Nitzavim and Va-yelekh: The Anniversary Celebration

By Ilana Grinblat

Published September 01, 2010.
  • Print
  • Share Share

This weekend, my husband and I went away for a night to celebrate our ten year anniversary. I was initially apprehensive about going. It would be our first overnight outing away from the kids since our first child was born six years ago. My son had been on sleepovers before, but my three-year-old daughter had not. We reserved a hotel room near my in-laws, so that if the kids refused to sleep, we could pick them up and bring them to the hotel.

When the day arrived, the kids seemed excited about their first joint sleepover. They packed their favorite sleeping bag, sheets, pillows and my daughter’s baby doll. We brought the kids to my in-laws, kissed them goodbye and hoped for the best.

This week’s Torah portion also describes an anniversary of sorts. As the Israelites approached the Promised Land, Moses summoned all the people “to enter into the covenant of the Lord your God.” However, the people had already entered into the covenant at Mount Sinai. Why was this ratification necessary?

Rabbi Shneur Zalman (of eighteenth century Russia) explained that:

Just as husband and wife need to reaffirm their commitment to each other when the early days of romantic attraction have given way to the day-to-day struggle to overcome accumulated disappointments, so too God and the people Israel need to reaffirm the covenant at this later date.

Tell me about it! When I read those words in the Etz Hayim Torah commentary this weekend, they immediately resonated with me.

Luckily our anniversary plans worked. We had a delicious dinner and walked around the hotel grounds (which included a beautiful waterfall). When we called to check-in, my in-laws reported that the kids were fast asleep! My husband and I had a chance to reconnect — and get some R&R by the pool the next day. When we returned, my in-laws remarked that even though we were gone less than 24 hours, we seemed like new people — with a relaxed glow on our faces. Although it was challenging to leave the kids, it was good for us to have some time as a couple.

The Torah portion reminds us that our relationship with God likewise needs periodic renewal. The portion is generally read on the Shabbat before Rosh Hashanah (the Jewish New Year). The timing is more than mere coincidence. Perhaps, the message is that Rosh Hashanah should be understood as akin to our wedding anniversary celebration with God — where we spend a few intensive days together talking and reconnecting, reflecting on the year that has passed and sharing hopes for the year ahead.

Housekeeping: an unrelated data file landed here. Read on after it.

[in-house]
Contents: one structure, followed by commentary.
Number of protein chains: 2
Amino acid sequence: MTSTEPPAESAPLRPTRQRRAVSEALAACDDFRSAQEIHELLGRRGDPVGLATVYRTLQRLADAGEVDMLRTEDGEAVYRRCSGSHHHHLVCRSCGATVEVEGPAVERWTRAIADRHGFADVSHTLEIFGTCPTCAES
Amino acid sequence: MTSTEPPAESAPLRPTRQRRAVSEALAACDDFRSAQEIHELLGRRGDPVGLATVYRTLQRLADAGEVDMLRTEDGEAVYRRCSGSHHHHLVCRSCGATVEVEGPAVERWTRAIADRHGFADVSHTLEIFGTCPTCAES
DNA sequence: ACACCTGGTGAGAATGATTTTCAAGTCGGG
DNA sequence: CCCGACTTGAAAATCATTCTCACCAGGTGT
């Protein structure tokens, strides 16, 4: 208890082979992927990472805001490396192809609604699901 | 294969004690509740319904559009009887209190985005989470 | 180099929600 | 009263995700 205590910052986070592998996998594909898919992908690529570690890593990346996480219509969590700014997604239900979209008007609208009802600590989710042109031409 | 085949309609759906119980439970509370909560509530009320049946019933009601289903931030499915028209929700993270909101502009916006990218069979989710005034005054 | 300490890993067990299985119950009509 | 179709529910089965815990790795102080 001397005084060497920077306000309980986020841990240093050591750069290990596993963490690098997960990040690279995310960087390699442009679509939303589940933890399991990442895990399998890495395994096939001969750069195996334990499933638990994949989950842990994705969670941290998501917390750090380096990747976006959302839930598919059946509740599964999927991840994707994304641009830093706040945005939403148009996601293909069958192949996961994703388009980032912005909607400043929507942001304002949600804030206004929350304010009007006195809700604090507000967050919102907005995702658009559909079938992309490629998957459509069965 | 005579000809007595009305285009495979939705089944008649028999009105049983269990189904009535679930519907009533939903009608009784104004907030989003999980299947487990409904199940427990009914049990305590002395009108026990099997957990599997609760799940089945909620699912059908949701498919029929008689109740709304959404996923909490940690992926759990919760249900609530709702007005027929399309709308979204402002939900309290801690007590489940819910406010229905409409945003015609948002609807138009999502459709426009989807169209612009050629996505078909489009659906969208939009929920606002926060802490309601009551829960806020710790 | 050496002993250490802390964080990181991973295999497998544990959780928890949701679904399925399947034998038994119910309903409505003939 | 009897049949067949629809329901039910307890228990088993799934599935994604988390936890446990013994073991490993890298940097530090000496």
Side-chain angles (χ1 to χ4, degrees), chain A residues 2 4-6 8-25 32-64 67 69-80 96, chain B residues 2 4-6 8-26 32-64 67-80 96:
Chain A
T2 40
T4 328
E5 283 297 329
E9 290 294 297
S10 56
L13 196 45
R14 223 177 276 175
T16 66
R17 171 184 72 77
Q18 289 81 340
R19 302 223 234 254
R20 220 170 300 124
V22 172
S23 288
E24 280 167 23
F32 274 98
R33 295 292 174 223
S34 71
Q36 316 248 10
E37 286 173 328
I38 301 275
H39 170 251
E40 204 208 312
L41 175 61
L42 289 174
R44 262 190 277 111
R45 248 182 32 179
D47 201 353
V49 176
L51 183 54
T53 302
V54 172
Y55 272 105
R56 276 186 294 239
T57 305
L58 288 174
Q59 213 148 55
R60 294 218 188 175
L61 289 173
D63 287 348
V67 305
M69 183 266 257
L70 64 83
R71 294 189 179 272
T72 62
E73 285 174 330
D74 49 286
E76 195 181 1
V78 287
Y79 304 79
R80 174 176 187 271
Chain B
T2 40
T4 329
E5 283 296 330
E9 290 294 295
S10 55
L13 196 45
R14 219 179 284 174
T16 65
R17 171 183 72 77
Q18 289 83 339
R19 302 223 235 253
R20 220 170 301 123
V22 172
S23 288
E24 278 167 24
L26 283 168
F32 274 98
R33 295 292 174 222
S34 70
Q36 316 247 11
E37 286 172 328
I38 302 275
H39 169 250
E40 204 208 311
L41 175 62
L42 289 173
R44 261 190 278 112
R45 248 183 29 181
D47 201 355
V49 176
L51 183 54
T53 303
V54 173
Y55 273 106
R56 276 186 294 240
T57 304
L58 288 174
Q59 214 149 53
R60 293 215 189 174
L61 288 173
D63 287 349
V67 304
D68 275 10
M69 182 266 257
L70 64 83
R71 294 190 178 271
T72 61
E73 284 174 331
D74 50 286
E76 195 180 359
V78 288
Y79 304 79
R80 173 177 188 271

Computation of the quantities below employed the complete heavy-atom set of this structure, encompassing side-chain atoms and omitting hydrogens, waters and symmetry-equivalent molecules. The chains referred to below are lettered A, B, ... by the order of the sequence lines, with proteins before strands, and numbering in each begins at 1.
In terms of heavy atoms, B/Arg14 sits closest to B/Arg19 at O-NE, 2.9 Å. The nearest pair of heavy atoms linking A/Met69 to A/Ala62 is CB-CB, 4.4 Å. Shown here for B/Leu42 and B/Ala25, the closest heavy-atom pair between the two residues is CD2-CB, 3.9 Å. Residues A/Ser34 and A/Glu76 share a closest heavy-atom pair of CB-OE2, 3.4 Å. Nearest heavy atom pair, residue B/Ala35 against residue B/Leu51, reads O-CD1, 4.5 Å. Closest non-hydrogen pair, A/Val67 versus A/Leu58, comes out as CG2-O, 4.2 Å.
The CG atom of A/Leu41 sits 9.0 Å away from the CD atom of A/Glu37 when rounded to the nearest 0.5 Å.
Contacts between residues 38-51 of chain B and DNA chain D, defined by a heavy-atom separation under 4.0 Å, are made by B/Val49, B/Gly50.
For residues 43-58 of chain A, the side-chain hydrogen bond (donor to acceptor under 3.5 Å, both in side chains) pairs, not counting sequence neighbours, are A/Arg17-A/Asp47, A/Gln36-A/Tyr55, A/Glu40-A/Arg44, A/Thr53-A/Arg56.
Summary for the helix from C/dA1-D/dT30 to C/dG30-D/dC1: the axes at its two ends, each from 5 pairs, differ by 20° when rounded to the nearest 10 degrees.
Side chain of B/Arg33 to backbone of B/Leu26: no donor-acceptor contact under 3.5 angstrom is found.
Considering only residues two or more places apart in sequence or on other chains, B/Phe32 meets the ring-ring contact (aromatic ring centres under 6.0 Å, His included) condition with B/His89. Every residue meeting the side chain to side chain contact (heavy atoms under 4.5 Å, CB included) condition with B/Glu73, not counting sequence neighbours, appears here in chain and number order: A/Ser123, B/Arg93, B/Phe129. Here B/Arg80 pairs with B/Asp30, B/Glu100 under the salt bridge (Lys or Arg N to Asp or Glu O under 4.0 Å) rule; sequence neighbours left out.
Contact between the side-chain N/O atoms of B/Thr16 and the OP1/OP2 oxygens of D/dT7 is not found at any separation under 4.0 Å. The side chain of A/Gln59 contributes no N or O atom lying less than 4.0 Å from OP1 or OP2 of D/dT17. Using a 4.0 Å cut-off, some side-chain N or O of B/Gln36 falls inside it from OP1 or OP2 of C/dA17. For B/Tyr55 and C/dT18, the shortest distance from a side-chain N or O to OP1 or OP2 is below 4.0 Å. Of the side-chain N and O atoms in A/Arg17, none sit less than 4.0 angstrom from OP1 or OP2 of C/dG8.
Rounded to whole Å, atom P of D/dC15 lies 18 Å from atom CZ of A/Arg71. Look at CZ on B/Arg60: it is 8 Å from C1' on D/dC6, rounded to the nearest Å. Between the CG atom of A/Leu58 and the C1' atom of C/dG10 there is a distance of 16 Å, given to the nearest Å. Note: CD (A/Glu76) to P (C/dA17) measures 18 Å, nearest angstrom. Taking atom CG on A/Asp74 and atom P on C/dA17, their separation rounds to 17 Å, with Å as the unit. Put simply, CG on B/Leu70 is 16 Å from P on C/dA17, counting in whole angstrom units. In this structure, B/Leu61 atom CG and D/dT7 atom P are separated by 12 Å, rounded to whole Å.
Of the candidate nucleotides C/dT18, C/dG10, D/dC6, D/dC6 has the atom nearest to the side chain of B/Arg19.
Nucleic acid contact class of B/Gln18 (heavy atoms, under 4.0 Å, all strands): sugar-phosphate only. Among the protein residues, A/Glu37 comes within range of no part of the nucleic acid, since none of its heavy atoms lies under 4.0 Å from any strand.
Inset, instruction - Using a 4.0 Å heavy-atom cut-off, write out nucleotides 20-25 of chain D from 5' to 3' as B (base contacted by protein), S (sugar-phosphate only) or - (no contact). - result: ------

The High Holidays are often conceived of days of judgment, with the predominant metaphor of God as a judge who is evaluating our every deed. This imagery imbues the days with a stressful aura. By contrast, the anniversary metaphor creates a joyful atmosphere — which is appropriate to festively usher in a new year.

Our “anniversary” get-together with God may inspire us to try to spend more time together during the year and to be more present in the relationship. In this sense, we may be prompted to tshuvah, to return our hearts to God.

So instead of wishing you a Shana Tova, let me instead wish you a happy anniversary to you and yours!

Rabbi Ilana Grinblat teaches biblical interpretation at the American Jewish University’s Ziegler School of Rabbinic Studies. She lives in Los Angeles with her husband and their two young children.


The Jewish Daily Forward welcomes reader comments in order to promote thoughtful discussion on issues of importance to the Jewish community. In the interest of maintaining a civil forum, The Jewish Daily Forwardrequires that all commenters be appropriately respectful toward our writers, other commenters and the subjects of the articles. Vigorous debate and reasoned critique are welcome; name-calling and personal invective are not. While we generally do not seek to edit or actively moderate comments, our spam filter prevents most links and certain key words from being posted and The Jewish Daily Forward reserves the right to remove comments for any reason.





Find us on Facebook!
  • Mazel tov to Idina Menzel on making Variety "Power of Women" cover! http://jd.fo/f3Mms
  • "How much should I expect him and/or ask him to participate? Is it enough to have one parent reciting the prayers and observing the holidays?" What do you think?
  • New York and Montreal have been at odds for far too long. Stop the bagel wars, sign our bagel peace treaty!
  • Really, can you blame them?
  • “How I Stopped Hating Women of the Wall and Started Talking to My Mother.” Will you see it?
  • Taglit-Birthright Israel is redefining who they consider "Jewish" after a 17% drop in registration from 2011-2013. Is the "propaganda tag" keeping young people away?
  • Happy birthday William Shakespeare! Turns out, the Bard knew quite a bit about Jews.
  • Would you get to know racists on a first-name basis if you thought it might help you prevent them from going on rampages, like the recent shooting in Kansas City?
  • "You wouldn’t send someone for a math test without teaching them math." Why is sex ed still so taboo among religious Jews?
  • Russia's playing the "Jew card"...again.
  • "Israel should deal with this discrimination against Americans on its own merits... not simply as a bargaining chip for easy entry to the U.S." Do you agree?
  • For Moroccan Jews, the end of Passover means Mimouna. Terbhou ou Tse'dou! (good luck) How do you celebrate?
  • Calling all Marx Brothers fans!
  • What's it like to run the Palestine International Marathon as a Jew?
  • Does Israel have a racism problem?
  • from-cache

Would you like to receive updates about new stories?




















We will not share your e-mail address or other personal information.

Already subscribed? Manage your subscription.